Major Solar Flare and CME

Nov. 30, 2020: Yesterday (Nov. 29th at 1311UT), Earth-orbiting satellites detected the biggest solar flare in more than 3 years. NASA’s Solar Dynamics Observatory recorded this extreme-ultraviolet movie of the M4.4 category blast:

X-rays and UV radiation from the flare ionized the top of Earth’s atmosphere, producing a shortwave radio blackout over the South Atlantic: map. Ham radio operators and mariners may have noticed strange propagation effects at frequencies below 20 MHz, with some transmissions below 10 MHz completely extinquished.

Remarkably, this flare was even bigger than it seems. The blast site is located just behind the sun’s southeastern limb. As a result, the explosion was partially eclipsed by the body of the sun. It might have been an X-class event.

The flare also hurled a significant coronal mass ejection (CME) into space, shown here in a coronagraph movie from the Solar and Heliospheric Observatory (SOHO):

Update: At first it appeared that the CME would completely miss Earth. However, NOAA analysts believe that the outskirts of the cloud might deliver a glancing blow to Earth’s magnetic field on Dec. 1-2. If so, the impact could spark a minor G1-class geomagnetic storm with auroras over northern countries such as Canada, Iceland, Norway and Sweden.

It would be a different story if the main body of the CME hit. Then we would be anticipating a strong geomagnetic storm. Maybe next time!

“Next time” could be just days away. The hidden sunspot that produced this major event will rotate onto the Earthside of the sun during the next 24 hours or so. Then its ability to spark geomagnetic storms will be greatly increased. Instant solar flare alerts: SMS Text.

Little Green Cannonballs of Light

Nov. 22, 2020: Just when you thought STEVE couldn’t get any weirder. A new paper published in the journal AGU Advances reveals that the luminous purple ribbon we call “STEVE” is often accompanied by green cannonballs of light that streak through the atmosphere at 1000 mph.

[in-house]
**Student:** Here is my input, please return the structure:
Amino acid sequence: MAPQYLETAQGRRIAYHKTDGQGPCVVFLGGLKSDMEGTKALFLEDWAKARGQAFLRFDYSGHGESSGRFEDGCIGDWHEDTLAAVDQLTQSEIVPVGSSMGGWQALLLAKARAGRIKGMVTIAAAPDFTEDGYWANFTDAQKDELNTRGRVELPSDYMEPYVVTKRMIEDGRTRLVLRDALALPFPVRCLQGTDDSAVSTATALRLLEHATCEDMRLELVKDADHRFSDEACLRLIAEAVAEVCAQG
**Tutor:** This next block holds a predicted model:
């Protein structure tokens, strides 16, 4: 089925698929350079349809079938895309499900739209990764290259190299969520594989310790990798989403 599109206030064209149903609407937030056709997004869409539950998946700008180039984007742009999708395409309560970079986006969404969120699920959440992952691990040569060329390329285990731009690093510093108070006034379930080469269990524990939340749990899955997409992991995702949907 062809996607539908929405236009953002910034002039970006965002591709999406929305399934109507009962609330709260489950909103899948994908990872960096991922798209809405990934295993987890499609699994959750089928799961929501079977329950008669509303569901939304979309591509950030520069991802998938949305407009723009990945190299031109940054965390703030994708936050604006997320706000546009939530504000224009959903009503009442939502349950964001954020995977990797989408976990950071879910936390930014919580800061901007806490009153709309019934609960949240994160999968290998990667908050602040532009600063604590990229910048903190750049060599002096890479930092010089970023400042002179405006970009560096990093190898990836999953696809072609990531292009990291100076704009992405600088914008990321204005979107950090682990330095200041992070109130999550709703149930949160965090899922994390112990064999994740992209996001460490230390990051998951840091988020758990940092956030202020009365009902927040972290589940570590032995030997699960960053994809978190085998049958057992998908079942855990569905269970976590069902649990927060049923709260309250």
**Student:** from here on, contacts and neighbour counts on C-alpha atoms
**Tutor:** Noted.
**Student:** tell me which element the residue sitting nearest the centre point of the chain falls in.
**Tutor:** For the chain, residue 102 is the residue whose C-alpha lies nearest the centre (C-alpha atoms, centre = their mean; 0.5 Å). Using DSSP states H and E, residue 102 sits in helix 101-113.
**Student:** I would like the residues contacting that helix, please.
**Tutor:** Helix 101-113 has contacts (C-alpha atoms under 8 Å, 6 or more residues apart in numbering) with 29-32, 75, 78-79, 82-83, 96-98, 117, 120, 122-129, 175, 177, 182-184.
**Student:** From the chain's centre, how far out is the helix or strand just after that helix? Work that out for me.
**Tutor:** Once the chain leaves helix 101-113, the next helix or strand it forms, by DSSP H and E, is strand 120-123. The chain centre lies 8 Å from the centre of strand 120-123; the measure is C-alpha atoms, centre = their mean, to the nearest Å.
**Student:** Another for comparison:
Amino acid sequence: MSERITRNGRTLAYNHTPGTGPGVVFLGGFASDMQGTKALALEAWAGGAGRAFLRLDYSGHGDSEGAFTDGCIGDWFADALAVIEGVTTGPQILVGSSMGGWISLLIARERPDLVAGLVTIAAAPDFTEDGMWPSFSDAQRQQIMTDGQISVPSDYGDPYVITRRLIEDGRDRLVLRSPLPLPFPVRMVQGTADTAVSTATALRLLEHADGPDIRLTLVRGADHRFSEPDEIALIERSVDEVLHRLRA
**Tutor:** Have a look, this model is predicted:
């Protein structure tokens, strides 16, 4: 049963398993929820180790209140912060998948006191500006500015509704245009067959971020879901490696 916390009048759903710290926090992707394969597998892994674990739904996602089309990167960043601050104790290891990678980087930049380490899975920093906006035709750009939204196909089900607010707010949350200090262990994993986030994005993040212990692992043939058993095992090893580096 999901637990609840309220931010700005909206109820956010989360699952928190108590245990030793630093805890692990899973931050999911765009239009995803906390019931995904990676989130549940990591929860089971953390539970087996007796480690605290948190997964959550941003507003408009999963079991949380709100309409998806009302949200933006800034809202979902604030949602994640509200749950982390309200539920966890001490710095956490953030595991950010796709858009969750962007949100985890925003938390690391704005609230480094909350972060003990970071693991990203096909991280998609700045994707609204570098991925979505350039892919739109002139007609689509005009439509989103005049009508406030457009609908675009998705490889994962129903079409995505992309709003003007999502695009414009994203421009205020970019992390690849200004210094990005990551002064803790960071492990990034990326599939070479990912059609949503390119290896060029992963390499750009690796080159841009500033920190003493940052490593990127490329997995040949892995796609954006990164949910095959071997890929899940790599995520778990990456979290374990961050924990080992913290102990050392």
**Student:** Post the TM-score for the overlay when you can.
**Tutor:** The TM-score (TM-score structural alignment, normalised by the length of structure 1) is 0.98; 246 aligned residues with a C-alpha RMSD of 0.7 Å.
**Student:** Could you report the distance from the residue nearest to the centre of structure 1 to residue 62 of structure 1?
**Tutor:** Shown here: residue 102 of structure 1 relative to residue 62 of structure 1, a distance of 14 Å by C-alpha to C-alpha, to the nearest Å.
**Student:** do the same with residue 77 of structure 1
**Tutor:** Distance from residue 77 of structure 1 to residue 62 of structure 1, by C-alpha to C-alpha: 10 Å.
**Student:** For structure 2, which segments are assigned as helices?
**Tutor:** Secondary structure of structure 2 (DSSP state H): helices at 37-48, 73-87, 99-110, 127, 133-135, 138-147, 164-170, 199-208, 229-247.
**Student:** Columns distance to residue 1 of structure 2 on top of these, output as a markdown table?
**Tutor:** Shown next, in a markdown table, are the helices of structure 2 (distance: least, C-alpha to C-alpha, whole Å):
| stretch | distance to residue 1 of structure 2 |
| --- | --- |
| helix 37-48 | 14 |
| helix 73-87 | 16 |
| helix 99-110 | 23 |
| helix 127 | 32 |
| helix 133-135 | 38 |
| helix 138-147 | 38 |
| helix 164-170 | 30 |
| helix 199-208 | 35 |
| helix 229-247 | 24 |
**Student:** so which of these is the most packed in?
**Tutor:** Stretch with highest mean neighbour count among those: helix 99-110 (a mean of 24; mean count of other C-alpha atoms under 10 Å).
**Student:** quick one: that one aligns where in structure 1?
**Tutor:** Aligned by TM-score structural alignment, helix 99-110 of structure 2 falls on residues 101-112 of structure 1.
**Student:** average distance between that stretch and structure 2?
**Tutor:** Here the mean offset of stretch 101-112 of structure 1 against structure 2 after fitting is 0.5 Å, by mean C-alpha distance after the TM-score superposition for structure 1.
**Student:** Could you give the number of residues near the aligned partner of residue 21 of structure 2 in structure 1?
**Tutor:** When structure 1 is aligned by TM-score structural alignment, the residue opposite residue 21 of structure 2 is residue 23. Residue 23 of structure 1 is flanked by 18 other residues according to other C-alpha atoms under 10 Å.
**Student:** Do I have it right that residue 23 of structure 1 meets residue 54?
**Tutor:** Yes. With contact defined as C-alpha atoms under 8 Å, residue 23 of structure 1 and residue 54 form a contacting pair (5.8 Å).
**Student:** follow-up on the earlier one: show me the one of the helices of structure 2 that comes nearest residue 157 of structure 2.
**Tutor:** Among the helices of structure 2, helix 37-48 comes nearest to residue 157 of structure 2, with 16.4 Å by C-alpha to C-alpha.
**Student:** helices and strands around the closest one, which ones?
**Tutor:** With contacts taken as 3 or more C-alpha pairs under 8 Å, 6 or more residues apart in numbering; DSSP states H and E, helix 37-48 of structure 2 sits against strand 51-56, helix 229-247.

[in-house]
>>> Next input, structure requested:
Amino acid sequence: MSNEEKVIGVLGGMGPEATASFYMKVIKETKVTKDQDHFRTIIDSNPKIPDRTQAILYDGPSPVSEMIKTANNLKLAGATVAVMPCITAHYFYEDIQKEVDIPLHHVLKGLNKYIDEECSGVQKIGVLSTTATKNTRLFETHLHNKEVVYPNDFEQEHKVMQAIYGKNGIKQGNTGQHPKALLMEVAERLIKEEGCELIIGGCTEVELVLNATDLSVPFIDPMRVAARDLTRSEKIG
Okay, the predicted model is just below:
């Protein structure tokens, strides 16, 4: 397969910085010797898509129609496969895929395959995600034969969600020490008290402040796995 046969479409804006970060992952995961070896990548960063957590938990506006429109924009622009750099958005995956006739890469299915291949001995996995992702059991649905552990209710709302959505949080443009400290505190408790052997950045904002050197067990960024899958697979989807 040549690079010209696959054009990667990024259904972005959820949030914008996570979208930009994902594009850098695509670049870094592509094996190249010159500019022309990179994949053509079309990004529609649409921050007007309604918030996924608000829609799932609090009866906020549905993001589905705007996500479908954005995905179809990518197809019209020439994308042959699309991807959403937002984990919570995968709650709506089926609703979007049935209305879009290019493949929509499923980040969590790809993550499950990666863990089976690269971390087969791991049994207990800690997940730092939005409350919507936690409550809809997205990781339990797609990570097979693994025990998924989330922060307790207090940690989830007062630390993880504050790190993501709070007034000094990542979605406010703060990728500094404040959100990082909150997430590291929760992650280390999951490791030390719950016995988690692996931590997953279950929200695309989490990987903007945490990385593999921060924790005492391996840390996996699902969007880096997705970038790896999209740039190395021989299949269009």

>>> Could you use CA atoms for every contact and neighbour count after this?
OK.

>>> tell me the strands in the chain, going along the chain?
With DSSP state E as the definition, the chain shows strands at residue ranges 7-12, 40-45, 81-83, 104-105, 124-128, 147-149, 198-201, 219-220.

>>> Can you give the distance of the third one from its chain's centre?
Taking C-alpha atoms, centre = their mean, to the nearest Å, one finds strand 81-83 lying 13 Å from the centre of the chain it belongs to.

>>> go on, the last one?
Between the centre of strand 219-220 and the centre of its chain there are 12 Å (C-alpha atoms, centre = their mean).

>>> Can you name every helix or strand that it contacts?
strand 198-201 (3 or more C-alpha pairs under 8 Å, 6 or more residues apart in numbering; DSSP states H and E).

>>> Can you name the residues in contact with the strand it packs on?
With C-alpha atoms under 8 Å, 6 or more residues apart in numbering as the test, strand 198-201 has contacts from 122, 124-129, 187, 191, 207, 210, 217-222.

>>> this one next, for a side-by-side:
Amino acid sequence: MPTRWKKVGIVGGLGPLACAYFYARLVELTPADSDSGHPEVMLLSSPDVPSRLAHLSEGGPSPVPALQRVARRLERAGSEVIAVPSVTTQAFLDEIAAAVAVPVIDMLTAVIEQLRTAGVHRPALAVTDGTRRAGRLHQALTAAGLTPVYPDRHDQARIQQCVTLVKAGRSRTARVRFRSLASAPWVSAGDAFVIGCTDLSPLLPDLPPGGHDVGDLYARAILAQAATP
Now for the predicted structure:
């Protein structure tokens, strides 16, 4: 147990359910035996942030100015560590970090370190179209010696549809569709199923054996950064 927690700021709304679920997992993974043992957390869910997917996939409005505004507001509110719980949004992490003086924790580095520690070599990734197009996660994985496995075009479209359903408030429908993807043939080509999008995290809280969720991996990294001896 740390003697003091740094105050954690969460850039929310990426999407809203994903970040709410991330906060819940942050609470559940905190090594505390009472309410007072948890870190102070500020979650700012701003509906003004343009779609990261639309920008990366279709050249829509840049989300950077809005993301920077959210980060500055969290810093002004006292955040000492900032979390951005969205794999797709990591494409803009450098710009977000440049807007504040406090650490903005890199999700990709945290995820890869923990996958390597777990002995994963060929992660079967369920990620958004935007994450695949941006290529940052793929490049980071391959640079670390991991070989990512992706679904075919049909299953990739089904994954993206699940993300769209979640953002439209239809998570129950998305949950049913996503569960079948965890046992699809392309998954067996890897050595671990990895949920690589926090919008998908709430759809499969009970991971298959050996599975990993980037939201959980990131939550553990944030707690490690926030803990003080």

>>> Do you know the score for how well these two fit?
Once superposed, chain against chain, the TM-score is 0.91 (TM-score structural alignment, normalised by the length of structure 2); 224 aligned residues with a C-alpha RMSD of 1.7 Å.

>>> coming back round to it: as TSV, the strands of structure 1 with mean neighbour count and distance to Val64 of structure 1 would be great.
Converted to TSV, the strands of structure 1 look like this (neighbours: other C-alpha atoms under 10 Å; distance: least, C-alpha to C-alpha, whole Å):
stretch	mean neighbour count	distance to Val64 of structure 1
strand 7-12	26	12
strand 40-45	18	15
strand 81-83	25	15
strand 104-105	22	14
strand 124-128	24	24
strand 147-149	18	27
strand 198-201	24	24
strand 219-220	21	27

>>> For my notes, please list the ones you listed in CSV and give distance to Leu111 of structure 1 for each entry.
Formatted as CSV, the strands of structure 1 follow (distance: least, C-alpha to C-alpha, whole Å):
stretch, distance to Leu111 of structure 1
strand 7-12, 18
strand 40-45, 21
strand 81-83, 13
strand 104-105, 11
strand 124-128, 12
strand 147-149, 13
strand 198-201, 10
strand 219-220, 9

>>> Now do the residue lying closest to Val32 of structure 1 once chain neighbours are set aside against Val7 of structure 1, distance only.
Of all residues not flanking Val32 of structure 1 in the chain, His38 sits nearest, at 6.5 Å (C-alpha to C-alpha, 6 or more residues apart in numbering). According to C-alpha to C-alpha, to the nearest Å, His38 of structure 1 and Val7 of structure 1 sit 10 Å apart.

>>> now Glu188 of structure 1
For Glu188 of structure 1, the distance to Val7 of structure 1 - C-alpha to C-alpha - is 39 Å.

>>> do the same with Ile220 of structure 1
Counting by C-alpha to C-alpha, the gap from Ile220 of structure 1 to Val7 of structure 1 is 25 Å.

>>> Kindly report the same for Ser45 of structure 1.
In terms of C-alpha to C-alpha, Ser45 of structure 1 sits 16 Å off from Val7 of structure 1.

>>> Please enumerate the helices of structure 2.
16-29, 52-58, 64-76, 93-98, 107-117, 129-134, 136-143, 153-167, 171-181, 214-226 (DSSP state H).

“Citizen scientists have been photographing these green streaks for years,” says Joshua Semeter of Boston University, lead author of the study. “Now we’re beginning to understand what they are.”

STEVE is a recent discovery. It looks like an aurora, but it is not. The purple glow is caused by hot (3000 ┬░C) rivers of gas flowing through Earth’s magnetosphere faster than 13,000 mph. This distinguishes it from auroras, which are ignited by energetic particles raining down from space. Canadian aurora watchers first called attention to the phenomenon about 10 years ago, whimsically naming it STEVE; researchers have been studying it ever since.

There’s a dawning realization that STEVE is more than just a purple ribbon. Photographers often catch it flowing over a sequence of vertical pillars known as the “picket fence.” They’re not auroras either. And, now, Semeter’s team has identified yet another curiosity in their paper, entitled “The Mysterious Green Streaks Below STEVE.”

“Beneath the picket fence, photographers often catch little horizontal streaks of green light,” explains Semeter. “This is what we studied in our paper.”